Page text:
With energy markets already reacting to the invasion, the biggest effect on New Zealand is the likely significant movement in global oil prices. Oil and gas markets could be significantly affected by economic sanctions, disruptions due to the invasion itself, or counter sanctions imposed by Russia itself.

Russia’s influence on the oil market is significant. It is the world’s second-largest exporter of crude oil after Saudi Arabia, producing around 10% of global supply and is a key member of the OPEC+ alliance.

Ukraine moves Russian oil (11.9 million tonnes in 2021) to Slovakia, Hungary and the Czech Republic. In addition, about 35% of the EU’s natural-gas imports come from Russia. These mostly come through pipelines which cross Belarus and Poland to Germany. Nord Stream 1 goes directly to Germany via the Baltic Sea, while others pass through Ukraine itself.

Any disruption to Russian gas flows would lead to higher natural gas prices, and would ultimately increase demand for heating oil in Europe. With spare capacity so low, the oil market is currently highly vulnerable to supply disruptions in the short term.

All this is occurring at a time when many members of OPEC and its allies (which include Russia) are struggling to meet their quotas for increased production, due to under investment and COVID-related complications. As a result, the fear of disruptions is a contributing factor toward rising prices. The Brent crude oil has risen rapidly since the beginning of December and at close to USD 100 per barrel is sitting at a seven-year high.

Primary Russian Oil and gas pipelines.
Brent Crude oil price.

The impact of these higher energy prices are already flowing through to fuel costs for New Zealand consumers and businesses and could increase further. Brent Crude Oil price (March 2021 – Feb 2022) USD per barrel Source: Trading Economics

The pivotal role of energy in the global economy will also mean that price rises will spill over to other markets too, further increasing global freight costs and the price of many other imported goods for New Zealand. For example, expensive power has already caused some aluminum smelters to close in Europe with the potential that increases in gas prices could cause further reductions in supply. As a result, Aluminum prices (of which Russia is a major player in the global market) have risen over 15% since the beginning of December.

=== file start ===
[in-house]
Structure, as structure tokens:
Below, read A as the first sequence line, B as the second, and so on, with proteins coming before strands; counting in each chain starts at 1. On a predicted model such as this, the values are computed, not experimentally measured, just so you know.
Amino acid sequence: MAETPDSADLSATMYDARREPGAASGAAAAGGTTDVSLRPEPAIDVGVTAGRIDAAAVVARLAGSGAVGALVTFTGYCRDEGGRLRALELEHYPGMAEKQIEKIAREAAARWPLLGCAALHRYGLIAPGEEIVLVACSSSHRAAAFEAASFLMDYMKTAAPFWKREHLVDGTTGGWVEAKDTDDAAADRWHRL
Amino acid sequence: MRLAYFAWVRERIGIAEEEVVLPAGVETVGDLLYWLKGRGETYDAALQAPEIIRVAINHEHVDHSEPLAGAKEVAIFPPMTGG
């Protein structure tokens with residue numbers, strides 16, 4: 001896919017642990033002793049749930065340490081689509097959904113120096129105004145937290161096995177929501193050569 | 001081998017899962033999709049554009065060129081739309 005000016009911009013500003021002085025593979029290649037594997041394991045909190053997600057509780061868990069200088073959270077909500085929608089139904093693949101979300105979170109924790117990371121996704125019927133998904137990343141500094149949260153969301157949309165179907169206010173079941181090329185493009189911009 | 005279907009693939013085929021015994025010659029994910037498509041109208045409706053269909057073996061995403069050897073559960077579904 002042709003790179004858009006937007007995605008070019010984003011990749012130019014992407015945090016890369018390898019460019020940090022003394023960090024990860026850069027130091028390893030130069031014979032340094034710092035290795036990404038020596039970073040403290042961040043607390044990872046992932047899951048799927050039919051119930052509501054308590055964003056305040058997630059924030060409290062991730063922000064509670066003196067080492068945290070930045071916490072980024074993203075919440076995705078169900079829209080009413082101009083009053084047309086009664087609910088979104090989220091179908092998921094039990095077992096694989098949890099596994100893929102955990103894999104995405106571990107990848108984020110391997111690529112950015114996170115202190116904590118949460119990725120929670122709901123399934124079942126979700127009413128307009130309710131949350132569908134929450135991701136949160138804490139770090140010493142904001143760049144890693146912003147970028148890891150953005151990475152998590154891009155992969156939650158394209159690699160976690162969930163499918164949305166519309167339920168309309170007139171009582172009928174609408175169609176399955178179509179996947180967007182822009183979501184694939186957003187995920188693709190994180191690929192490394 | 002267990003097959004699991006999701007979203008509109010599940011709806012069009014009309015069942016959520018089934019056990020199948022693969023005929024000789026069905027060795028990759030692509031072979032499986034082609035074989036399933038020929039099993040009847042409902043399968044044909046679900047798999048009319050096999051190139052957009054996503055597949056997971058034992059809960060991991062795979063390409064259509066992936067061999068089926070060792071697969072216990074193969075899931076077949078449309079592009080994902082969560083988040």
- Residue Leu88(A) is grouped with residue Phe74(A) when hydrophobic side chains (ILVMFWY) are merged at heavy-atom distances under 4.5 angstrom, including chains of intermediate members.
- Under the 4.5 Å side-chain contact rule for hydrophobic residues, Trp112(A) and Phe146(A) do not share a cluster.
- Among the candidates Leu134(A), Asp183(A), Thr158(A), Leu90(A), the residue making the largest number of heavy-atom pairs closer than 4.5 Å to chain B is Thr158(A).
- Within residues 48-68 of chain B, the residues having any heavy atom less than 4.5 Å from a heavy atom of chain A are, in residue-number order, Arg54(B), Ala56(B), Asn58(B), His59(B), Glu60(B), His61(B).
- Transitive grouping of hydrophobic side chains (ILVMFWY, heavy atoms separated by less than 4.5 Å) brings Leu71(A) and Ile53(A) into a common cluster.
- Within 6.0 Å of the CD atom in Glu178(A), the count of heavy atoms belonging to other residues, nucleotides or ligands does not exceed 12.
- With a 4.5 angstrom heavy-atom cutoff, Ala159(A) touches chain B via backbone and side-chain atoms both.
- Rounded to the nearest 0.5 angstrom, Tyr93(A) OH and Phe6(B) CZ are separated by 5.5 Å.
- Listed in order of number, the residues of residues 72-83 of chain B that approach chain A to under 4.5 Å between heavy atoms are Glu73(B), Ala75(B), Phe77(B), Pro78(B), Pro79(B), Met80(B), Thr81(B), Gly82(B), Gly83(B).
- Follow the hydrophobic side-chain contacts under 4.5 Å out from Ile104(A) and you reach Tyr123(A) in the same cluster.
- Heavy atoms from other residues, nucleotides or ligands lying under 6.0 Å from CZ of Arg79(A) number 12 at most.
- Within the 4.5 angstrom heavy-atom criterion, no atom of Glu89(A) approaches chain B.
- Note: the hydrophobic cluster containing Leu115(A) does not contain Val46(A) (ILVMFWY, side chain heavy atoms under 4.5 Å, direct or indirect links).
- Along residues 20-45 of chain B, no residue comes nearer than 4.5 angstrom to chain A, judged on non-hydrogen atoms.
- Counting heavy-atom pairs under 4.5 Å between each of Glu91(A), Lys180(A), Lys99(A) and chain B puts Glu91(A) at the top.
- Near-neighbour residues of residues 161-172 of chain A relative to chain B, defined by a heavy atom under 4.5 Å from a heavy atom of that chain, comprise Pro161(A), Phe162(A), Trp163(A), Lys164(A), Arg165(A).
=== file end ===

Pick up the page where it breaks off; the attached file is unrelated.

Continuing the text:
In addition, increasing gas prices could also hit fertilizer production on the European continent—for which gas is used as both raw material and fuel.

Chicago Board of Trade Wheat Futures.

Disruption to global wheat and grain markets could be significant

The indirect impact of an invasion on global grain prices could be even more significant. Russia is the world’s largest exporter of wheat, with Ukraine the fourth biggest. Ukraine is also the world’s third largest exporter of corn.  

Together they export 28.6% of the world’s wheat and 19.6% of corn, with a significant proportion of Ukrainian cultivation taking place in its eastern regions, where much of the invasion is already taking place. Chicago Board of Trade Wheat Futures March 2021 – February 2022 (USD per Bushel) Source: Trading Economics

The nearby Black Sea also serves as a major conduit for international grain shipments. If there is damage to port infrastructure or disruption to shipments then this could have long-lasting impacts that could stretch into future crop seasons. Any interruption to the flow of grain out of Russia and Ukraine is likely to have a major impact on prices because the demand for wheat is so inelastic.

This is occurring at a time when falling grain stocks in America and Europe and bad weather in South America is already placing upward pressure on prices. As a result, Chicago wheat futures are trading 30% higher than they were a year ago. In addition to gas, Russia is a big producer of urea and potash, important ingredients for fertilizers used in the production of these crops.

Any disruption or export sanctions on these commodities could put further upward pressure on global grain and cereal prices, although the impact may be difficult to predict and will depend on the extent of the invasion. However when Russia annexed Crimea in 2014, concerns about the disruption of supplies from the Black Sea drove wheat prices up around 25% in two months.

This has implications for New Zealand as a net importer of grains and cereals. New Zealand imported $328 million of cereals in the year ended June 2021, of which the majority was wheat and maize. Although a relatively small import commodity, rising imported grain prices would indirectly raise the price of farm feed for New Zealand farmers. While New Zealand sources its farm feed from other nations (mainly Australia and South East Asia), any pressure on prices in the global market would also up prices from these suppliers as well. New Zealand’s largely pasture based dairy and meat production system will help New Zealand farmers fare better than our overseas grain-fed competitors.